As the dust settles after the EU Referendum, Access looks at what the future might hold for the industry.

On the morning of 24 June, event professionals awoke to discover that the UK had voted to leave the European Union. The UK’s involvement is coming to to an end and the industry has been left wondering, what comes next?

On the day the result was announced, Access caught up with influential figures from around the industry to gauge their reaction to the news. For many, the closeness of the result (the Leave vote had just a 52 per cent majority) created a polarised country.

Chris Skeith, CEO of the AEO, tells Access: “Brexit has demonstrated quite a divided Britain with a result that has shocked many. What’s really important now – regardless of the outcome – is that we as an industry need to pull together.”

The events industry appeared to be largely against Brexit in the weeks leading up to the referendum. A Twitter poll carried out by sister magazine Exhibition News after the result found that 75 per cent of respondents thought leaving the EU would have a negative effect on the events industry.

The Leave campaign did, however, have its champions among events professionals.

Nick de Bois MP, chairman of the UK Events Industry Board, says of the result: “This momentous decision sets the course for the UK to excel in global markets, free of the heavy bureaucratic and undemocratic institutions of the EU. There will, of course, be a period of adjustment, but the bottom line is that the future is in our own hands and that presents the UK with a massive opportunity.”

“Clearly, this was not a decision that anyone took lightly,” adds Eventbrite general manager, UK and Ireland, Joel Crouch. “In London alone, we spotted close to 100 events on our platform where the EU referendum was being discussed in the run up to the vote.” One possible result of the vote, highlighted by several event professionals, is that the drop in the value of the pound due to the referendum may trigger a new tourism boom in the UK. “The weakening of the pound makes

Britain more competitive,” explains Michael Hirst OBE, chair of the BVEP. “We have a greater flexibility to win more global events, especially now that we have a new industry board in place and much more willingness on the part of the government to support events.”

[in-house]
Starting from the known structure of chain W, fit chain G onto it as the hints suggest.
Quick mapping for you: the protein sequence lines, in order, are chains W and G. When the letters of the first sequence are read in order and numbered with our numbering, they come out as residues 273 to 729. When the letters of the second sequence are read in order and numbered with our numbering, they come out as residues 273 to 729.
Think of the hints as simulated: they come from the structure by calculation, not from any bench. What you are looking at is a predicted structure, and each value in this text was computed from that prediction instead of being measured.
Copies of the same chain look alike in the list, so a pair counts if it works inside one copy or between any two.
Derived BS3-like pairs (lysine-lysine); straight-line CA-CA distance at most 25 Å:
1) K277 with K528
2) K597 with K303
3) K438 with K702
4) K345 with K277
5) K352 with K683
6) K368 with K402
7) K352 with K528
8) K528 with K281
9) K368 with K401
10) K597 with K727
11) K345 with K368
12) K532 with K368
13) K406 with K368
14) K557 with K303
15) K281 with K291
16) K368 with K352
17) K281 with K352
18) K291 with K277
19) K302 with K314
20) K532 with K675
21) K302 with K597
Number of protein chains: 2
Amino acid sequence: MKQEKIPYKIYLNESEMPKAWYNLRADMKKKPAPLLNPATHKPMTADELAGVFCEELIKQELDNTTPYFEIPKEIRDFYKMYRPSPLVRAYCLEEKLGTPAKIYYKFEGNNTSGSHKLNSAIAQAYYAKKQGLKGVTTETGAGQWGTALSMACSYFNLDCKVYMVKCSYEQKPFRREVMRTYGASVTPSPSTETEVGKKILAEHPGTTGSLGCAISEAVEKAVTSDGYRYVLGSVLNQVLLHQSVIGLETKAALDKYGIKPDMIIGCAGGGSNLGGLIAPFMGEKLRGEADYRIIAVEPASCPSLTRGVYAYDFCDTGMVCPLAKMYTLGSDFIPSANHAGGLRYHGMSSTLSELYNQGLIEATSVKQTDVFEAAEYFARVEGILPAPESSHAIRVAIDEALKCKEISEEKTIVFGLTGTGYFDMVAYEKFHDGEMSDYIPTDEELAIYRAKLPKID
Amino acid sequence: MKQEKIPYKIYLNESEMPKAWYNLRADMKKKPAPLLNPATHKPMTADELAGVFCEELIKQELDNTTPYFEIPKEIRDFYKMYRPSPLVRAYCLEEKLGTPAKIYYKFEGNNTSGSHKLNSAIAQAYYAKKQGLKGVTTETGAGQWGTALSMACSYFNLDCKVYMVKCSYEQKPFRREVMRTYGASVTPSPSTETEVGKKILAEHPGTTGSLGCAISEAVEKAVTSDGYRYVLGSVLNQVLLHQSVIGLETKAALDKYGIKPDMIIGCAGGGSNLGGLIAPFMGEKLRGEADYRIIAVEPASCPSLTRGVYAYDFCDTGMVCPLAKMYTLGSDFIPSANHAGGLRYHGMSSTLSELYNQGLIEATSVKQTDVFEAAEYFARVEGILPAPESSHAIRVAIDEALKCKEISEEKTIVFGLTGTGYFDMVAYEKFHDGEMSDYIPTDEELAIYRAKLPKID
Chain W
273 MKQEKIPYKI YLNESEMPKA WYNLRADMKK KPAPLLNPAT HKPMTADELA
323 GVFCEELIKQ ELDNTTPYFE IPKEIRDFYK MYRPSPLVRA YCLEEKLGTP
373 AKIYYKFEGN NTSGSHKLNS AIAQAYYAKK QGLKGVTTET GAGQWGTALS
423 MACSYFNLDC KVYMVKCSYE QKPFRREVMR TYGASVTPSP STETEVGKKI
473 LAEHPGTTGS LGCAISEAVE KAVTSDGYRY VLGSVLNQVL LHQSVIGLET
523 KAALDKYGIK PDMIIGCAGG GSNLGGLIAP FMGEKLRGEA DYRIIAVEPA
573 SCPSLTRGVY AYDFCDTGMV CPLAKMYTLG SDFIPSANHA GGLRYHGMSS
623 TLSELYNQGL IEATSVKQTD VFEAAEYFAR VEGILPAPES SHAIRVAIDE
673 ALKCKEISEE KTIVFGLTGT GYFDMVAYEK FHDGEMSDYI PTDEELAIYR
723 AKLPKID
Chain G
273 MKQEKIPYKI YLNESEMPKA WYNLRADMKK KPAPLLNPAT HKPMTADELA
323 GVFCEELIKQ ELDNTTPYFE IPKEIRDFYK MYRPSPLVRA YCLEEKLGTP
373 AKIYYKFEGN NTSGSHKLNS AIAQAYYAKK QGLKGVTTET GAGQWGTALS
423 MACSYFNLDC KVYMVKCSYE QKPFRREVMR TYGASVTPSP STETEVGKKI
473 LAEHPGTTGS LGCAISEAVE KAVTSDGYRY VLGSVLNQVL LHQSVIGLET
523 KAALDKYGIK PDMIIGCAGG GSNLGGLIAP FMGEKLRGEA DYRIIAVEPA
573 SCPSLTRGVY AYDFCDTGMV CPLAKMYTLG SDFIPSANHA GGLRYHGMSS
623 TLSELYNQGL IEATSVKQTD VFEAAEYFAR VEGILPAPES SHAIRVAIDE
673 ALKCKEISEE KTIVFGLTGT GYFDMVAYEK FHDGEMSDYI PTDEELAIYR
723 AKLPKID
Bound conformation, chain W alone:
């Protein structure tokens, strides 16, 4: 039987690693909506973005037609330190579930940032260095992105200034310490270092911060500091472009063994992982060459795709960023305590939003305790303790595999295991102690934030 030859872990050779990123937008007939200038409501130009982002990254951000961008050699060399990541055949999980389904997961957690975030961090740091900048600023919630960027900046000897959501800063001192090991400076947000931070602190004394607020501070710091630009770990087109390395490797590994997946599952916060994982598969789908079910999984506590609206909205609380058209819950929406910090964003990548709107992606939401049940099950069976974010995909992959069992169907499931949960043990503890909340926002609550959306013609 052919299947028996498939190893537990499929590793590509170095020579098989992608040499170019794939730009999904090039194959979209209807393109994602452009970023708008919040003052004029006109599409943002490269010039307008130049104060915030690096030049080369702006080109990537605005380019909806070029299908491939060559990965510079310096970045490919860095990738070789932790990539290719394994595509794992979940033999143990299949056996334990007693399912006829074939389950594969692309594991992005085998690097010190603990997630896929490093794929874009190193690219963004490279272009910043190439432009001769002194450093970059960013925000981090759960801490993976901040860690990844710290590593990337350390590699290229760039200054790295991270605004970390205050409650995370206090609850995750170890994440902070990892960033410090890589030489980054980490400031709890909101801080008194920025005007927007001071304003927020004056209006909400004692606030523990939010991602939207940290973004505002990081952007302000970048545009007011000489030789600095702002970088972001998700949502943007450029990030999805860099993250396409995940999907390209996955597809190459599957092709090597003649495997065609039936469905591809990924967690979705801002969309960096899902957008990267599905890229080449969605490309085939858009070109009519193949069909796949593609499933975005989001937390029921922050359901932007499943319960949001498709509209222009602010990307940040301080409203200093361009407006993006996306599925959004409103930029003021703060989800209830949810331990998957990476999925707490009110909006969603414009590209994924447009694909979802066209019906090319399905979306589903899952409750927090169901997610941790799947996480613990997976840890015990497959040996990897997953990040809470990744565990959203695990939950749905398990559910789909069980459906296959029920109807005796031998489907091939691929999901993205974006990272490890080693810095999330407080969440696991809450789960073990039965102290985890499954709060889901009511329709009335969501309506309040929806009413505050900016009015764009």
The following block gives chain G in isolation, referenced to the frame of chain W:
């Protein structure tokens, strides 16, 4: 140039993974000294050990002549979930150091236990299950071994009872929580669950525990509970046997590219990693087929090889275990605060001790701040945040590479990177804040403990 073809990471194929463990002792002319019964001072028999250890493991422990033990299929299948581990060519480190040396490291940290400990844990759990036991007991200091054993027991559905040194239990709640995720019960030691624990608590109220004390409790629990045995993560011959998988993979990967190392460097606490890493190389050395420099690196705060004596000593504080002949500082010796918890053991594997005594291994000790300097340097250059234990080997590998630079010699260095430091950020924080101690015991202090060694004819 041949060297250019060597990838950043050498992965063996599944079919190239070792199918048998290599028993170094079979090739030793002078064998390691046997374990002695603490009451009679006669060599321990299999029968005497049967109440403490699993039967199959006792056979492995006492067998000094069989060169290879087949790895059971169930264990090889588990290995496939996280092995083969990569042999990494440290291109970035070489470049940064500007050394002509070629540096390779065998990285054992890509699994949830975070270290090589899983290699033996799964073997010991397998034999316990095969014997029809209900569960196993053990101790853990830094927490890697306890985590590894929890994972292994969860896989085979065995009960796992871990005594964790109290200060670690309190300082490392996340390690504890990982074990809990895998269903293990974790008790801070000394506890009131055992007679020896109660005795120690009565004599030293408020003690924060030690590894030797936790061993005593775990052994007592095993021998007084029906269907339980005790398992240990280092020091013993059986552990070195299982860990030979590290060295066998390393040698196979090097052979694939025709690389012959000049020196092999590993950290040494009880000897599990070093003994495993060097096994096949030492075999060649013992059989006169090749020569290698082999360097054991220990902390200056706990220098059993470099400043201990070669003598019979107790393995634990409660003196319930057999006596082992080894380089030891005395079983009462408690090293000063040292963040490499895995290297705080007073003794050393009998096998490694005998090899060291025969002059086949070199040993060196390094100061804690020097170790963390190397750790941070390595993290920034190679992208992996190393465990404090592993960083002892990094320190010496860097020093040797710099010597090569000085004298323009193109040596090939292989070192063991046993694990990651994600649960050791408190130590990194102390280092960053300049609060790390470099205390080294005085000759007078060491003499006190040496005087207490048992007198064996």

For Steve Heap, general secretary of the AFO, government support will have to be up to the standards of the EU’s contribution to the UK events industry. “Economically I have been employed by several events funded from European cash, regional development funds, direct and indirect grants from Europe.

“There is very little confidence that our industry will be guided, encouraged or supported for the foreseeable future. Where will events, festivals and tourism get their financial support?”

While the UK’s exit from the EU may be some time off, the practicalities of Brexit are still largely unclear, and the events industry has been left with more questions than answers.

“Will it now become more complicated to work across borders? What will the impact be on touring musicians, especially emerging artists in terms of visas and other issues?” asks Paul Reed, general manager of the AIF.

“As Croatian festival organisers we are concerned at how this situation will affect our many UK visitors. It could have various implications on visas, airplane tickets and more,” adds Adnan Mehmedović, co-founder of Fresh Island Festival.

The overwhelming feeling amongst event professionals, whether they voted leave or remain, is that the industry must continue to work closely to build communities, and heal the divisions created by Brexit.

As Truck Festival put it in a statement to Access: “We will all have to rebuild bonds in our communities.”